The party was still angry with losing power, and still directionless without its goliaths at the helm. For all Dion’s clever ideas, he had no capacity to forge new unity in this vast, wounded party – indeed, disunity became worse than ever. Compromise, shame, and uncertainty in the party was, unfortunately, perfectly reflected in its leader.

Though Dion is now gone and Ignatieff has led the Liberals for a year and a half, their fortunes are barely any better. Canadian pundits have blamed Martin, Dion, and now Ignatieff in succession, for poor leadership and diffidence. Not unfair claims, entirely – but they’re symptoms, not causes, of identity anguish that plagues the party from root to tip. That is one of the sad legacies of the old power duopoly – it consumed the identity of the party, and then evaporated, leaving too much disorientation and angst. It’s still unclear what it means to be a Liberal in Canada today.

While Labour’s Peter Mandelson, Alastair Campbell, and soon Tony Blair himself, all offer their post-mortems in best-selling hardcovers, this old guard disrespects contemporary Labour as much as contemporary Labour disrespects them. This struggle to disassociate denies an opportunity to trumpet some of the real progressive successes the party achieved over the years. It creates a political vacuum – where once the centre-left was the self-assured and natural occupant of the electoral mainstream, now cunning and well-financed Conservative forces can stake their claim as the safe option – the one where voters know what they’re getting, the one that quickly comes to appear more mature and prepared for all the trials and tribulations of government.

Make no mistake – Canada’s Tories are anything but “mature.” They are an anti-democratic, anti-parliamentarian force, swathed in deceit, secrecy, and thoroughly right-wing ideas masked in Bush-Junior style “common sense.” The fact that the Canadian centre-left still can’t mount an effective challenge against such easy targets gives testament to the severity of gangland rivalries and relative anarchy within the partisan centre-left itself.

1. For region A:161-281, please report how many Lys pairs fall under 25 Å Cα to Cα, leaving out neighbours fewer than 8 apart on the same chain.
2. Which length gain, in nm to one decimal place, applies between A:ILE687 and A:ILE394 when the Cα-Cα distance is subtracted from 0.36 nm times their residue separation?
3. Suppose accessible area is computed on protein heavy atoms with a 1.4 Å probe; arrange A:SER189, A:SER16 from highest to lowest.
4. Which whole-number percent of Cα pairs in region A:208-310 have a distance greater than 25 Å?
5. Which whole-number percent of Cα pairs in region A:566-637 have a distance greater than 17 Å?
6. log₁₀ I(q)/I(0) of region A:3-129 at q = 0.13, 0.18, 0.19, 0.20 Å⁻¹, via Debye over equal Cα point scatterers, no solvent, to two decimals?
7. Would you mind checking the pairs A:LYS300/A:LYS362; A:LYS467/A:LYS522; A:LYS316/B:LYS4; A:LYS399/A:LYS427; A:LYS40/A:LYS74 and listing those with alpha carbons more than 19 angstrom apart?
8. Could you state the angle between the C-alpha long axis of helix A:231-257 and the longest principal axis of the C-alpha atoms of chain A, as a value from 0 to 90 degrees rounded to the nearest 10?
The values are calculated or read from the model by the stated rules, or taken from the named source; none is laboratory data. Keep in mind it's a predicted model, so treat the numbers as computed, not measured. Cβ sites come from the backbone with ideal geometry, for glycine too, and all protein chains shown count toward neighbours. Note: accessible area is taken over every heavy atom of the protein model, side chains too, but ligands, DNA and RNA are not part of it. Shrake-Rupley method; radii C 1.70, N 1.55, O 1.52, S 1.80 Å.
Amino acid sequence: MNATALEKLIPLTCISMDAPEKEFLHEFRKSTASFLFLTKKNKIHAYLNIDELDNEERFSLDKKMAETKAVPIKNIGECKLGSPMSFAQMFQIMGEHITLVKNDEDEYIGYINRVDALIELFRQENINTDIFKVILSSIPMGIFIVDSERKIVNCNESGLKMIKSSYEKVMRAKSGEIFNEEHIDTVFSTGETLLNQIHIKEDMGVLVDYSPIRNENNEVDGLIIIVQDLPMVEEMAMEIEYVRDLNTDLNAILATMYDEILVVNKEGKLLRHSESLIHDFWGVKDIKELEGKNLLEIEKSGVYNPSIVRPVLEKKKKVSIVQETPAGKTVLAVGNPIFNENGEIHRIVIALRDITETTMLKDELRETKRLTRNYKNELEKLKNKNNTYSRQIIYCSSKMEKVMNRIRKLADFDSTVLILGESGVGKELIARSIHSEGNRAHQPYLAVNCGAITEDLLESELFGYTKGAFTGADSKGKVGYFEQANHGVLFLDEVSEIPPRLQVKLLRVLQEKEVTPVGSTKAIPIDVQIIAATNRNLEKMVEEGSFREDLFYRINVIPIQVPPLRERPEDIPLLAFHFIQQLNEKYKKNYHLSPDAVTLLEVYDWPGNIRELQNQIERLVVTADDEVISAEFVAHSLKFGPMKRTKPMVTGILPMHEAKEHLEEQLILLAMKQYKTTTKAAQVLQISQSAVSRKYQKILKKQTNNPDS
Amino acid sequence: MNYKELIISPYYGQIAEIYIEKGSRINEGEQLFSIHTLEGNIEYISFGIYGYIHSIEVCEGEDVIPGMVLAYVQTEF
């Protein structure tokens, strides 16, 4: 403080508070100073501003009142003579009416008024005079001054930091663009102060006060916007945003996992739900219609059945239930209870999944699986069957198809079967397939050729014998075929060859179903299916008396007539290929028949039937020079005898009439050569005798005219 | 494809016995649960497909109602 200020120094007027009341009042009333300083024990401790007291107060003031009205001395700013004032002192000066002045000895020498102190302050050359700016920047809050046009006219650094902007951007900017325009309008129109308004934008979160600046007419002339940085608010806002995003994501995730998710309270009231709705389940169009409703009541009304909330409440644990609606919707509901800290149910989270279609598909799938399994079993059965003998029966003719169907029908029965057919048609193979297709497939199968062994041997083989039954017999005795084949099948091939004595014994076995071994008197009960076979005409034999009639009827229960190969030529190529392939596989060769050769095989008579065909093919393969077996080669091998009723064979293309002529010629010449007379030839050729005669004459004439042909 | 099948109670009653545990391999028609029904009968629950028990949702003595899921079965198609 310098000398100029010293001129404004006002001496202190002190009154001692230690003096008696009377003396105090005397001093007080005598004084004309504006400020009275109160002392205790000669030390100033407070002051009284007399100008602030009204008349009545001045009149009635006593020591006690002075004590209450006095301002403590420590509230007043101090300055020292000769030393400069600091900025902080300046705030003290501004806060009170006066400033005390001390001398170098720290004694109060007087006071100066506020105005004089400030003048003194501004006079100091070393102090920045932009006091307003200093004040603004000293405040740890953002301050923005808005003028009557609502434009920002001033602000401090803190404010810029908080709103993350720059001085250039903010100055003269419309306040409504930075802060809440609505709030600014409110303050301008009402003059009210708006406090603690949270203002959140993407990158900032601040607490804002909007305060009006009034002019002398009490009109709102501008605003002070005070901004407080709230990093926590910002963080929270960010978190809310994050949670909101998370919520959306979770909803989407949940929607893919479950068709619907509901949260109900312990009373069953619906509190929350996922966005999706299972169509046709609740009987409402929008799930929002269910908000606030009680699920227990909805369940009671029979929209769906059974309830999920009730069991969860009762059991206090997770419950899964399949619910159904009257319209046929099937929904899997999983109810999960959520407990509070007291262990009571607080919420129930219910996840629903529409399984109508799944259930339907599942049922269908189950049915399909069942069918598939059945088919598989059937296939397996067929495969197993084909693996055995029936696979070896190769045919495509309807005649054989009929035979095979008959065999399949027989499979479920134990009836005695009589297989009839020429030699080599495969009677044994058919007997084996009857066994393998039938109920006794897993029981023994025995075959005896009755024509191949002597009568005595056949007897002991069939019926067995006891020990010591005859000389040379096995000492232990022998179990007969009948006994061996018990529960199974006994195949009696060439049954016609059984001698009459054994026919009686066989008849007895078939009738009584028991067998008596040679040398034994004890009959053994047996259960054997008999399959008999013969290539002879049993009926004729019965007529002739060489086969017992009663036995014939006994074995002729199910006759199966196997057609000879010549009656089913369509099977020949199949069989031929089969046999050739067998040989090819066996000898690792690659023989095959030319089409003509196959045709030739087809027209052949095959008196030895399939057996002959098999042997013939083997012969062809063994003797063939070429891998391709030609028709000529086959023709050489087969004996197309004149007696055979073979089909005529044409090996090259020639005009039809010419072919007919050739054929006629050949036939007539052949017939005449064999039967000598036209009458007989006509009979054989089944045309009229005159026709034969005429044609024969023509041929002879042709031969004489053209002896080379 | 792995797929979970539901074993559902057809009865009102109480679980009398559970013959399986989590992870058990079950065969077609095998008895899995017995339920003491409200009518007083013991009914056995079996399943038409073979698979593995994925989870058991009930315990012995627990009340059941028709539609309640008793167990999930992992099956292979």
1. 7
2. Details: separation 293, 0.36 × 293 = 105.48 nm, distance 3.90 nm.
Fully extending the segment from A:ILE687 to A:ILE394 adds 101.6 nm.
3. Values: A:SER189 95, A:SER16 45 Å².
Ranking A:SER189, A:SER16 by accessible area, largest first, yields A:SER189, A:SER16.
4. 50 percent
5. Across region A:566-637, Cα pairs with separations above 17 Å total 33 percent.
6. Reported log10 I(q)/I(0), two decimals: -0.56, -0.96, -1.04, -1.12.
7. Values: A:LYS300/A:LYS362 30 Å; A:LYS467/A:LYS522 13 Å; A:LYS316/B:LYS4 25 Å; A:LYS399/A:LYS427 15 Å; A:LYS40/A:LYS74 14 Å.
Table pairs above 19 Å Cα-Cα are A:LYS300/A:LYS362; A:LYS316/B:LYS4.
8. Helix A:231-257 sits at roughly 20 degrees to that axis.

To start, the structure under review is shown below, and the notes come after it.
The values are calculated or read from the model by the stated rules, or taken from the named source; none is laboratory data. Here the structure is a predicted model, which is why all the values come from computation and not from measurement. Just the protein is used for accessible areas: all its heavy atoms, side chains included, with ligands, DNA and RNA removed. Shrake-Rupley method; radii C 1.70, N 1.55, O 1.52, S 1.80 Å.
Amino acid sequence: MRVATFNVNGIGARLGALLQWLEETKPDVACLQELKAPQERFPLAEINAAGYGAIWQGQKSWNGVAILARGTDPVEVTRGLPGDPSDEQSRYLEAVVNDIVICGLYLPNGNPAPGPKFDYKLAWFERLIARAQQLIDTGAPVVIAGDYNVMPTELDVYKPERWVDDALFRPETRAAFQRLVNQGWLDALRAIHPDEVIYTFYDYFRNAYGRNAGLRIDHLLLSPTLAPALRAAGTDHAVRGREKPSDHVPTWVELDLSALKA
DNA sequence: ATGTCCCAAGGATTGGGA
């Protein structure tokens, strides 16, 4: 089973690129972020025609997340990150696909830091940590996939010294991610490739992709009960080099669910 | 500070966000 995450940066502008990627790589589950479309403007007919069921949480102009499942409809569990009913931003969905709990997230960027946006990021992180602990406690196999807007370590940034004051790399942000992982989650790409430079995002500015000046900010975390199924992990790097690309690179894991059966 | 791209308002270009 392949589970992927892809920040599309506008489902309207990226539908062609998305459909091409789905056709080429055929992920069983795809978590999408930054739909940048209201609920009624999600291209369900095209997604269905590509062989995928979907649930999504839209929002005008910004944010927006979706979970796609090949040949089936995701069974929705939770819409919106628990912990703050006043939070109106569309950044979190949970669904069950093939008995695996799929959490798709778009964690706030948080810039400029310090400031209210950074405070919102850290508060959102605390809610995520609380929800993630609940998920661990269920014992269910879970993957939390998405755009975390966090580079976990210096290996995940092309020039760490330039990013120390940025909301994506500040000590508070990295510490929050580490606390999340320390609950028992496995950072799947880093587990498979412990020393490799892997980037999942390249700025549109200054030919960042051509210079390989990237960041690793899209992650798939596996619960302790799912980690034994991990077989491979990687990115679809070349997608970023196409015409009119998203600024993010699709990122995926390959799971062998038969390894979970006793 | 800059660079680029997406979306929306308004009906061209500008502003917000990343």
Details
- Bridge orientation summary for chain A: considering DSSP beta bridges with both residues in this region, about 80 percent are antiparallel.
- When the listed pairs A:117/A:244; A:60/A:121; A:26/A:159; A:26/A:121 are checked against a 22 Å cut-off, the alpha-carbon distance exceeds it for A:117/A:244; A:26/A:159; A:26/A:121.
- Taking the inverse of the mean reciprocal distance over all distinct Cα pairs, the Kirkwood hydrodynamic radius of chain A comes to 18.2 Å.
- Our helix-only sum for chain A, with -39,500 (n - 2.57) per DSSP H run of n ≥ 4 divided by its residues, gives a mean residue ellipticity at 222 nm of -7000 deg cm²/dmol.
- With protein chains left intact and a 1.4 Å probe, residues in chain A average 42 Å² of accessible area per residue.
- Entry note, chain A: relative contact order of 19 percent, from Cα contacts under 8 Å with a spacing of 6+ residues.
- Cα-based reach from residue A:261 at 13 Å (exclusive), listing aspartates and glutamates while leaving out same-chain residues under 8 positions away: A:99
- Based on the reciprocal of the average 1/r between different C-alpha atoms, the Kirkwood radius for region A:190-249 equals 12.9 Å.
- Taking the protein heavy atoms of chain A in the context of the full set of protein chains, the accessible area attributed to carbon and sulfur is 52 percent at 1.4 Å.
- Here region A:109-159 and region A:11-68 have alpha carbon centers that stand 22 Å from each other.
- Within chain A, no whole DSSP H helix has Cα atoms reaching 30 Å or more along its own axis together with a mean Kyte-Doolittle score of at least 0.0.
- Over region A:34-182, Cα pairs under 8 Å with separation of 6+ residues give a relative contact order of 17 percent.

The cases are obviously not really perfectly parallel. Labour’s leadership vote is a month-long ballot involving union, lay members, and the Parliamentary party, unlike the long, single night of horse-trading and automatic run-off balloteering that the Liberals’ used. Canada’s Tories are a genuine neanderthal party, whereas the UK’s Tories have a small, relatively liberal wing in the very person of David Cameron. The standard of debate is different, the media culture is different, and the way in which the public engages with politics is different. The agenda is just not set in the same way.

But Labour faces similar dangers to Canada’s Liberals, and must avoid them – while there’s time!
– Take solace in (and advantage of) a public that is still uncomfortable calling itself broadly “conservative,” and don’t present a shamed and apologetic face about the past. There have been triumphs that are as important today and tomorrow as they were during the campaign.
– Trumpet the economic and social advances made in the previous era, as the public has faith in these advances – what they’ve lost faith in is your ability to manage. Tribal infighting and self-destructive gossip don’t inspire new confidence.
– Pick a real potential winner as your leader right off the bat. And once you pick that winner, give them the party unity and the durable support that’s required to help shape a badly-needed identity before the next election – appearing unconvinced in your leader, shaky on their ideas, always ready for yet another putsch, will reinforce the public’s perception that “these guys couldn’t run a hot dog stand, let alone a country.”
– And don’t spend the next four years navel-gazing – be bold and committed, and fast, as it’s only going to get tougher.

CORRECTION: Apologies for the repeated paragraph earlier – this has been amended

Filed under: Canada, Politics, UK, , , , , , , , ,


June 2020